Recently, metal frameworks have been studied by terahertz spectroscopy, and the vibration modes contributing to the lattice vibration of the framework have been reported49. In the present work, we clarified that a heavy atom such as a Cs ion vibrates slowly in the cage of a metal framework, and the Cs ion vibration mode lies at a low THz frequency. Although THz generation due to Cs ions has been known50, there has not been any observations of Cs ion by THz spectroscopy. Based on this feature, we demonstrate that the cyanide-bridged metal framework can be a marker to monitor the amount of Cs by combining it with THz-TDS measurements as well as an adsorbent to efficiently encapsulate Cs ions from cesium ion solutions. It should be noted that the absorption peaks of other alkali cations are observed at different frequencies because the vibration mode frequency depends on the type of alkali cation. Diffusion of radioactive Cs to the environment has been a serious issue, and its decontamination is an important mission after the accidents at nuclear power plants, e.g., the 2011 Fukushima accident51, 52. From this viewpoint, the combined system of THz-TDS with a cyanide-bridged metal framework demonstrated in this work will provide an effective detection method for non-contact sensing of Cs ions.


Electronic structure calculations

The electronic structure was calculated by first-principles calculations using the Vienna ab initio simulation package (VASP) program. The wave functions based on the plane waves and the potentials of the core orbitals were represented by the projector-augmented wave of Blöchl. The exchange-correlation term was evaluated by the generalized gradient approximation of Perdew, Burke, and Ernzerhof. The UJ value was set to 4.0 eV. The calculated density of states and band structure are shown in Fig. S2.

Phonon mode calculations

The phonon mode was calculated based on the crystal structure of the cesium cyanide-bridged manganese-iron framework. The lattice parameters and atomic positions were calculated with an energy cut-off of 500 eV and 3 × 3 × 3 k mesh until satisfying a 10−5 eV pm−1 force tolerance. \(\sqrt{2}\times \sqrt{2}\times 1\) supercell of the optimized structure containing four Cs ions alternatively in the interstitial sites was used for the phonon mode calculations by the direct method implemented in Phonon code with displacements of 2 pm.

THz-TDS measurements

THz spectra were measured by a THz-TDS system of Advantest tas7500su, equipped with a Cherenkov type THz generator and emitter using a LiNbO3 waveguide and a 1550-nm fiber laser (50 fs, 150 mW) (Fig. S4). The THz pulse was condensed with a Si lens and paraboloidal mirrors and was irradiated into the sample, which was placed in a polyethylene cell. The electric fields of the transmitted THz pulse wave formed in the time domain were obtained, and the power spectrum was obtained by Fourier transformation. Absorbance was obtained from the power spectra of the reference and the sample.

Cs adsorption experiment

In the adsorption experiment, the cyanide-bridged manganese-iron framework without cesium ions MnFe was used as an adsorbent. The sample was prepared by reacting an aqueous solution of manganese chloride (0.1 mol L−1) with an aqueous solution of potassium ferricyanide (0.1 mol L−1), and its formula was K0.22Mn[Fe(CN)6]0.74·4.3H2O. The powder-form MnFe sample was immersed in a cesium chloride aqueous solution at various concentrations and then filtered. Their formulas were investigated by elemental analyses. The formulas of the collected samples after immersing were as follows: Cs0.12K0.19Mn[Fe(CN)6]0.74·zH2O, Cs0.33Mn[Fe(CN)6]0.74·zH2O, Cs0.48Mn[Fe(CN)6]0.74·zH2O, Cs0.73Mn[Fe(CN)6]0.74·zH2O, Cs0.81Mn[Fe(CN)6]0.74·zH2O, Cs0.88Mn[Fe(CN)6]0.74·zH2O, and Cs0.91Mn[Fe(CN)6]0.74·zH2O. The Supplementary information contains the results of elemental analyses. In the THz-TDS measurement, the peak intensity at 1.5 THz increases with the increase of composition of Cs ions in the formula, and the broad peak at 2.2 THz simultaneously disappears. The THz spectra were separated into the vibration modes at 1.5 and 2.2 THz. Because the molar amounts of the samples slightly differ (Fig. S4, caption), the absorption intensity (peak area) was calibrated with the mole number of the sample. The mole number of the THz-TDS–measured sample which had been collected from the cesium chloride aqueous solution of C 0 = 6.65 g/L (40.6 µmol) was used as a reference. The Cs composition (x) was plotted against the normalised peak area of the Cs absorption. The composition (x) is well fitted by a first-order regression function with a slope of 0.501. Hence, this relation was used as the conversion equation to transfer the peak area of the Cs absorption of the THz spectrum to the Cs composition for a collected sample.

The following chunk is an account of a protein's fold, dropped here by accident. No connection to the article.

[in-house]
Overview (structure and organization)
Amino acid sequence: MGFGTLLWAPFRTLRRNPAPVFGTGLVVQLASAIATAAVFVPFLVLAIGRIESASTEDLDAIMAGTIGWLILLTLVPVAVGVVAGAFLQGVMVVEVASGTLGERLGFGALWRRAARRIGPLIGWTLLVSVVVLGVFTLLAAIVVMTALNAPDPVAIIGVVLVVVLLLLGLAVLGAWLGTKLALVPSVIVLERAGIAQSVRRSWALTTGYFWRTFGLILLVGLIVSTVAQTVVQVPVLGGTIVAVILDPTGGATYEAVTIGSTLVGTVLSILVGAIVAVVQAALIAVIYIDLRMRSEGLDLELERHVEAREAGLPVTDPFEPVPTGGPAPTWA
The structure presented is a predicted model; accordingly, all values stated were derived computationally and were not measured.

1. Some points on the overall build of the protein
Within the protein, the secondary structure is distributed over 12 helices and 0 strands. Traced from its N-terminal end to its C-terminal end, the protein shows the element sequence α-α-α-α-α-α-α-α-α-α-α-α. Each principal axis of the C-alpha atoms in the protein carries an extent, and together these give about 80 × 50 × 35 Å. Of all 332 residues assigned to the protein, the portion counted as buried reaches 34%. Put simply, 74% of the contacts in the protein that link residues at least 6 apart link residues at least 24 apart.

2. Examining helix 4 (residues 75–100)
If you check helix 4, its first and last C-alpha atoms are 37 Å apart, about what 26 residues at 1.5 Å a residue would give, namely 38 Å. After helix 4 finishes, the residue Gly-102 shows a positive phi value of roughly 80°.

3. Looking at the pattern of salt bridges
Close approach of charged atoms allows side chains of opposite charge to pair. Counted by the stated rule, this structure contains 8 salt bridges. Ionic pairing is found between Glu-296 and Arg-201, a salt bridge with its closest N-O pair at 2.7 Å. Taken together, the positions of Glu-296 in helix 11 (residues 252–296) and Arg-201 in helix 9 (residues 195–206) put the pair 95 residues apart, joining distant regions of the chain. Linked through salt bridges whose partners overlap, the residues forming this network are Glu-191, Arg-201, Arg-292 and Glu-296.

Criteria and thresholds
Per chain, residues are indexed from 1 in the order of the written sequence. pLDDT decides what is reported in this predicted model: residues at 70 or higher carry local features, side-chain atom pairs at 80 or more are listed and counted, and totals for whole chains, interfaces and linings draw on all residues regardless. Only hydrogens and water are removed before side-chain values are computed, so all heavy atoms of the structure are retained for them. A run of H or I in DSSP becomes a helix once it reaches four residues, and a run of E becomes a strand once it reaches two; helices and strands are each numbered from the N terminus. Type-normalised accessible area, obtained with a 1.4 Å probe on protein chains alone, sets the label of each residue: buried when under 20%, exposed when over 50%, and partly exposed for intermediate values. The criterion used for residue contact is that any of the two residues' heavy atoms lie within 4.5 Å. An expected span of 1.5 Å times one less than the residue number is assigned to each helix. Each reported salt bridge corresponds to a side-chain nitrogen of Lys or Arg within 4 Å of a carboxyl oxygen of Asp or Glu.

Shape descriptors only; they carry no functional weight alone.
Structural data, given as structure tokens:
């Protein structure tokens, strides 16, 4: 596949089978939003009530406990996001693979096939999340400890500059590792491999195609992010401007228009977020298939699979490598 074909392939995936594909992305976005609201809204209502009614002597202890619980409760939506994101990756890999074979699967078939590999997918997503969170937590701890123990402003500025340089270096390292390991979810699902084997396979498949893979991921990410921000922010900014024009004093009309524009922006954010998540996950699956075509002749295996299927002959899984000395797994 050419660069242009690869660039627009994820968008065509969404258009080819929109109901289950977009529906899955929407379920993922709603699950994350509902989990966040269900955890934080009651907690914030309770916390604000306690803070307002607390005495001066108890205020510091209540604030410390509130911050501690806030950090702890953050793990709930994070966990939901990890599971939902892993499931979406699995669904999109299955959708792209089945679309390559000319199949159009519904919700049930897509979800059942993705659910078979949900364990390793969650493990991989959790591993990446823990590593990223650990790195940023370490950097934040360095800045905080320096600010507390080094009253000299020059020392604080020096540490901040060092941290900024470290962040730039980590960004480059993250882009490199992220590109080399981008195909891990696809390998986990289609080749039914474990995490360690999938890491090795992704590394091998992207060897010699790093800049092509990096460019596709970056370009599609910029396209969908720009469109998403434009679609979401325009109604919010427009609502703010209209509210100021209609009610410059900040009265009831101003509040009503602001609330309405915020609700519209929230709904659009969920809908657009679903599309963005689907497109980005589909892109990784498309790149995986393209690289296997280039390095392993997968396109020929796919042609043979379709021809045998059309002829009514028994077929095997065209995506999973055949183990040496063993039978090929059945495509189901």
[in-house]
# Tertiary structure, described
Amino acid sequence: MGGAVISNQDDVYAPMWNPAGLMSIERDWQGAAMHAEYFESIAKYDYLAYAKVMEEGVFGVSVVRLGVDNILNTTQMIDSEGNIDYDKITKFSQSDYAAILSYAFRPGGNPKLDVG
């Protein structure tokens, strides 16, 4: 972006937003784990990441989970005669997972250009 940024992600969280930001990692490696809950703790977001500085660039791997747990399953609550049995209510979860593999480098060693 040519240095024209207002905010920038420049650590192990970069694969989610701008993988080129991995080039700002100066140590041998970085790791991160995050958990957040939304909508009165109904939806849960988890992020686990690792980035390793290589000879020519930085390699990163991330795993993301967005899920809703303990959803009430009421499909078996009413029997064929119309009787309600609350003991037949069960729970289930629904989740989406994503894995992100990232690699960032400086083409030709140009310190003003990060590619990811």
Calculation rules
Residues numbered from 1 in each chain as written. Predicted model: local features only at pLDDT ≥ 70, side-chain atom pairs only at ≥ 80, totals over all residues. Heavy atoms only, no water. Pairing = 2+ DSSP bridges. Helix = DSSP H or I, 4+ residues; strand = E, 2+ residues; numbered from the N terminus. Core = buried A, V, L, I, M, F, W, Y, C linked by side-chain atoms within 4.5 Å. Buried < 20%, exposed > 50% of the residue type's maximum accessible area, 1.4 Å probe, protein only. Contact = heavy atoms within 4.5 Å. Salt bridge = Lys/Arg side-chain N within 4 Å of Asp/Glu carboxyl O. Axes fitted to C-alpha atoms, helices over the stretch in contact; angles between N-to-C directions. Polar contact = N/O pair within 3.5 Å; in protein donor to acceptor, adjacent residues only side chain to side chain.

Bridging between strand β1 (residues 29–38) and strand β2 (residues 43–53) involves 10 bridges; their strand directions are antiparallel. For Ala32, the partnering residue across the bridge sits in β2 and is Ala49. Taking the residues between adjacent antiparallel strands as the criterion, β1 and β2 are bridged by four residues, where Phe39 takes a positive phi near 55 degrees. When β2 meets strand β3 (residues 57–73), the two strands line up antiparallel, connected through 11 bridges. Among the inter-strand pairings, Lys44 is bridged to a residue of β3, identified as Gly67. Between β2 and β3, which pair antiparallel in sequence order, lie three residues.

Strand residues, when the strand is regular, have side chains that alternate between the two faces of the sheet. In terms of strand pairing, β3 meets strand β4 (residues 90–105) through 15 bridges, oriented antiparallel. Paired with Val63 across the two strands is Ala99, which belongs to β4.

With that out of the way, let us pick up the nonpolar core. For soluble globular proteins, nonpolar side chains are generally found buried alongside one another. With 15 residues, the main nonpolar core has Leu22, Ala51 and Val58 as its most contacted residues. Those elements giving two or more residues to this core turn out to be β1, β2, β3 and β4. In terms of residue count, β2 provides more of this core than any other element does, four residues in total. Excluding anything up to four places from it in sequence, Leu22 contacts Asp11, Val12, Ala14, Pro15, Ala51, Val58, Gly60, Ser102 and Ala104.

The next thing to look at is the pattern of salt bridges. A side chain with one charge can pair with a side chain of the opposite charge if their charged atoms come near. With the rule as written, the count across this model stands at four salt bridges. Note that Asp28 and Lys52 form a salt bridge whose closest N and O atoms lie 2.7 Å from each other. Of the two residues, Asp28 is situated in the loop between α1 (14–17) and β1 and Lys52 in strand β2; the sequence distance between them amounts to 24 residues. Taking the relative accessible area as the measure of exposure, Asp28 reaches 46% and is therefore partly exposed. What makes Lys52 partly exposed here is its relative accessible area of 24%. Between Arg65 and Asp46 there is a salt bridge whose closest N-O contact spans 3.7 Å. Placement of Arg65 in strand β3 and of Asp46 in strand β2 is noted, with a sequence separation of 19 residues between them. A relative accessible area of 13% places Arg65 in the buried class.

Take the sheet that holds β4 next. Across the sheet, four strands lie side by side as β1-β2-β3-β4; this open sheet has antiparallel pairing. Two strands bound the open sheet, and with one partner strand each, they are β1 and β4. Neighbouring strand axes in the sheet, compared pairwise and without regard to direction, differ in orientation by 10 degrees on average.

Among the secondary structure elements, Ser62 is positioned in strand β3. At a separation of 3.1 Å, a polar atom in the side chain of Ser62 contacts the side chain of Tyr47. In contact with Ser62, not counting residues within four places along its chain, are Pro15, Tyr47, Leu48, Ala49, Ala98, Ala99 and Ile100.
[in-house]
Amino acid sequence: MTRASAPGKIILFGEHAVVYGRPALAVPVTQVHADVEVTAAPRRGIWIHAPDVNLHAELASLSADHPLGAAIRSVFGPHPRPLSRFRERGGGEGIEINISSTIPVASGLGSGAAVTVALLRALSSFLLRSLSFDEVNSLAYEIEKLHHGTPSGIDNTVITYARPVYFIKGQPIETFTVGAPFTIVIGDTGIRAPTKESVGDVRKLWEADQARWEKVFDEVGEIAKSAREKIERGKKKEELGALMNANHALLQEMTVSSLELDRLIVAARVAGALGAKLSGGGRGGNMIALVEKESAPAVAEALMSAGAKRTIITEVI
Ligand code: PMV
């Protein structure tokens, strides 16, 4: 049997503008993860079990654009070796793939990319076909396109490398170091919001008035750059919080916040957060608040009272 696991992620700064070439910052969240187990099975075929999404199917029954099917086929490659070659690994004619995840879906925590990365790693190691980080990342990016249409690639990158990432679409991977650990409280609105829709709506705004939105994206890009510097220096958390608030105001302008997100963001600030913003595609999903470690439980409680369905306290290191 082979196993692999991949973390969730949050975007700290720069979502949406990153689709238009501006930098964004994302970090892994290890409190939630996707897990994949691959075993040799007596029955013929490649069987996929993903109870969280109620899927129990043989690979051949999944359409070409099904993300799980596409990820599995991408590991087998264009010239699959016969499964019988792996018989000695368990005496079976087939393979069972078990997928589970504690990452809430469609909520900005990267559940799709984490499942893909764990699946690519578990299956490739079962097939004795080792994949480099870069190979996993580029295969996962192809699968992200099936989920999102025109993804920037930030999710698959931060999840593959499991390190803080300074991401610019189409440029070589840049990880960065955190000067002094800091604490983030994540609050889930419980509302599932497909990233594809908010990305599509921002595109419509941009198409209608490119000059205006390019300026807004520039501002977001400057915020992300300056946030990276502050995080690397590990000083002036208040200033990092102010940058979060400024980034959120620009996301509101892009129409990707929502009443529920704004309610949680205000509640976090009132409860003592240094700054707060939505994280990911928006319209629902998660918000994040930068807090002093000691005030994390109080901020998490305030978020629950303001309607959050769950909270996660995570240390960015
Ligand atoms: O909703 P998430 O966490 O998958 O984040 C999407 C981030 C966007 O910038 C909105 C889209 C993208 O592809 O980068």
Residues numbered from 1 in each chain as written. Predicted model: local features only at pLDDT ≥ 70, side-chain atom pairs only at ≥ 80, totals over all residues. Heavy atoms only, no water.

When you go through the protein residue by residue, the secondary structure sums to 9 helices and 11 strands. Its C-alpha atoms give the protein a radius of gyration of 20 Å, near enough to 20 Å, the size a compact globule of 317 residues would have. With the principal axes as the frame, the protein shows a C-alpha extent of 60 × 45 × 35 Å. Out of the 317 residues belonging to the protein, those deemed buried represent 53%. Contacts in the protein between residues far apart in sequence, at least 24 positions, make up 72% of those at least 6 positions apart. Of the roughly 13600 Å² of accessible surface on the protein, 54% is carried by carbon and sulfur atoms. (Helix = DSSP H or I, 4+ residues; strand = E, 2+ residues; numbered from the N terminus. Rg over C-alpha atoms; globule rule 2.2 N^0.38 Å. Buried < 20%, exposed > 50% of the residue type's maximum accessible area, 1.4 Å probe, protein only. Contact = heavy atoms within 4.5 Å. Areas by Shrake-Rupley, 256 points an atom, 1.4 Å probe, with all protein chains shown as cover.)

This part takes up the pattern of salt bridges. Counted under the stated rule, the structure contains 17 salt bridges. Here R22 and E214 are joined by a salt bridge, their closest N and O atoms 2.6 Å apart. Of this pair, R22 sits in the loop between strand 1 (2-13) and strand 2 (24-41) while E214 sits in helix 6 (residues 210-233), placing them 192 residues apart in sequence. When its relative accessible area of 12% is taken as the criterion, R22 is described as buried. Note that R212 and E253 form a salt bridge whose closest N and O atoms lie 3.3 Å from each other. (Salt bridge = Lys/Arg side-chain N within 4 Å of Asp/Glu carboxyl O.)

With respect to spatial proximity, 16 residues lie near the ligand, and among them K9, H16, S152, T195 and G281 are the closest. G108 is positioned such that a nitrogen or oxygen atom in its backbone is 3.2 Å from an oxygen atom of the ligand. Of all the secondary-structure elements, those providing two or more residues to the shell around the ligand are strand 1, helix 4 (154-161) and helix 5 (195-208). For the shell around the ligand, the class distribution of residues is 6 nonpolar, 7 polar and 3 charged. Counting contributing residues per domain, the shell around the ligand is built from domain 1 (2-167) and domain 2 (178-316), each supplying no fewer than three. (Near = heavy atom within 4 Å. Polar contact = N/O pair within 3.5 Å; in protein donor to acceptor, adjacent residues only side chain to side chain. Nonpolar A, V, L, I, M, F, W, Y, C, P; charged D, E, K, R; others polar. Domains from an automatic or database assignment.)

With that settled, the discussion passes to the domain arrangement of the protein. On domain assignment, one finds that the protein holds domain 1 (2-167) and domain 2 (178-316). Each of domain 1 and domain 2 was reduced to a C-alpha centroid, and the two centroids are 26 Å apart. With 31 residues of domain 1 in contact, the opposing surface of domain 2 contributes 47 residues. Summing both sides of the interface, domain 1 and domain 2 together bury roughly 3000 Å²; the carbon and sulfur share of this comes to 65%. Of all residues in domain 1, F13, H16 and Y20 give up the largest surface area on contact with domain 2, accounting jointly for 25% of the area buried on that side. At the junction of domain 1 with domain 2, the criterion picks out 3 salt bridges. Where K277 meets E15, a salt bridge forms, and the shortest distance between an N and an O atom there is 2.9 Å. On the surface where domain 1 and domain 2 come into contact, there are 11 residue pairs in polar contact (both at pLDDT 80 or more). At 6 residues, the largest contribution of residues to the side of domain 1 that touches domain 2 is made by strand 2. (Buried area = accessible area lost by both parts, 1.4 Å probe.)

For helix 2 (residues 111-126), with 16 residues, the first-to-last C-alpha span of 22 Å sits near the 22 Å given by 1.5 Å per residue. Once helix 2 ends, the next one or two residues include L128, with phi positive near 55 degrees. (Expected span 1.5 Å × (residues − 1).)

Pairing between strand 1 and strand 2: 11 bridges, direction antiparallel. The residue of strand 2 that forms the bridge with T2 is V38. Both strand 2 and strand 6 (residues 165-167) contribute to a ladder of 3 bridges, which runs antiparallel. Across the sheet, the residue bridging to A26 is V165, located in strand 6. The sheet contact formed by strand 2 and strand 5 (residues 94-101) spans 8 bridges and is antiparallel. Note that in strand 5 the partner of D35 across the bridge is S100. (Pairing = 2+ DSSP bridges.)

Material characterization and physical property measurements

The chemical formulas of the samples were determined by elemental analyses. The ratios of the metals (Cs, K, Mn, and Fe) were obtained by inductively coupled plasma mass spectroscopy using Agilent 7700. The amounts of C, H, and N contained in the samples were determined by standard microanalytical methods. The chemical formula, KI a CsI b MnII[FeII(CN)6] c [FeIII(CN)6] d ·zH2O, was determined considering charge neutrality. Because the valences of KI, CsI, MnII, [FeII(CN)6], and [FeIII(CN)6] are +1, +1, +2, −4, and −3, respectively, a + b + 2 − 4c − 3d = 0 should be satisfied. For the far-infrared measurements, a JASCO 6100 spectrometer was used. XRD measurements were performed with a Rigaku Ultima IV diffractometer with a Cu K α radiation (λ = 1.5418 Å). The PDXL program of Rigaku was used for Rietveld analyses.

Adsorption analysis using Langmuir model

Using the x values obtained from the THz spectra by the conversion equation, the q eq and C eq values are calculated by \({q}_{{\rm{eq}}}=({M}_{{\rm{Cs}}}/{M}_{{\rm{MnFe}}})x\) and\({C}_{eq}={C}_{{\rm{0}}}-\) \((m{M}_{{\rm{Cs}}}/V{M}_{{\rm{MnFe}}})x\), where M Cs and M MnFe are the atomic weight of Cs and the formula weight of the adsorbent, respectively, m is the sample weight of the immersed adsorbent, and V is the volume of the Cs ion solution. The q eq versus C eq plot was fitted by the Langmuir model expressed by \({q}_{{\rm{eq}}}={q}_{{\rm{\max }}}a{C}_{{\rm{eq}}}/(1+a{C}_{{\rm{eq}}})\), where a is a constant. The THz-TDS measurement system has a dynamic range of 60 dB, and the measurement is possible up to Cs saturated solution under the present condition. The lower limit of the detection sensitivity is several ppm.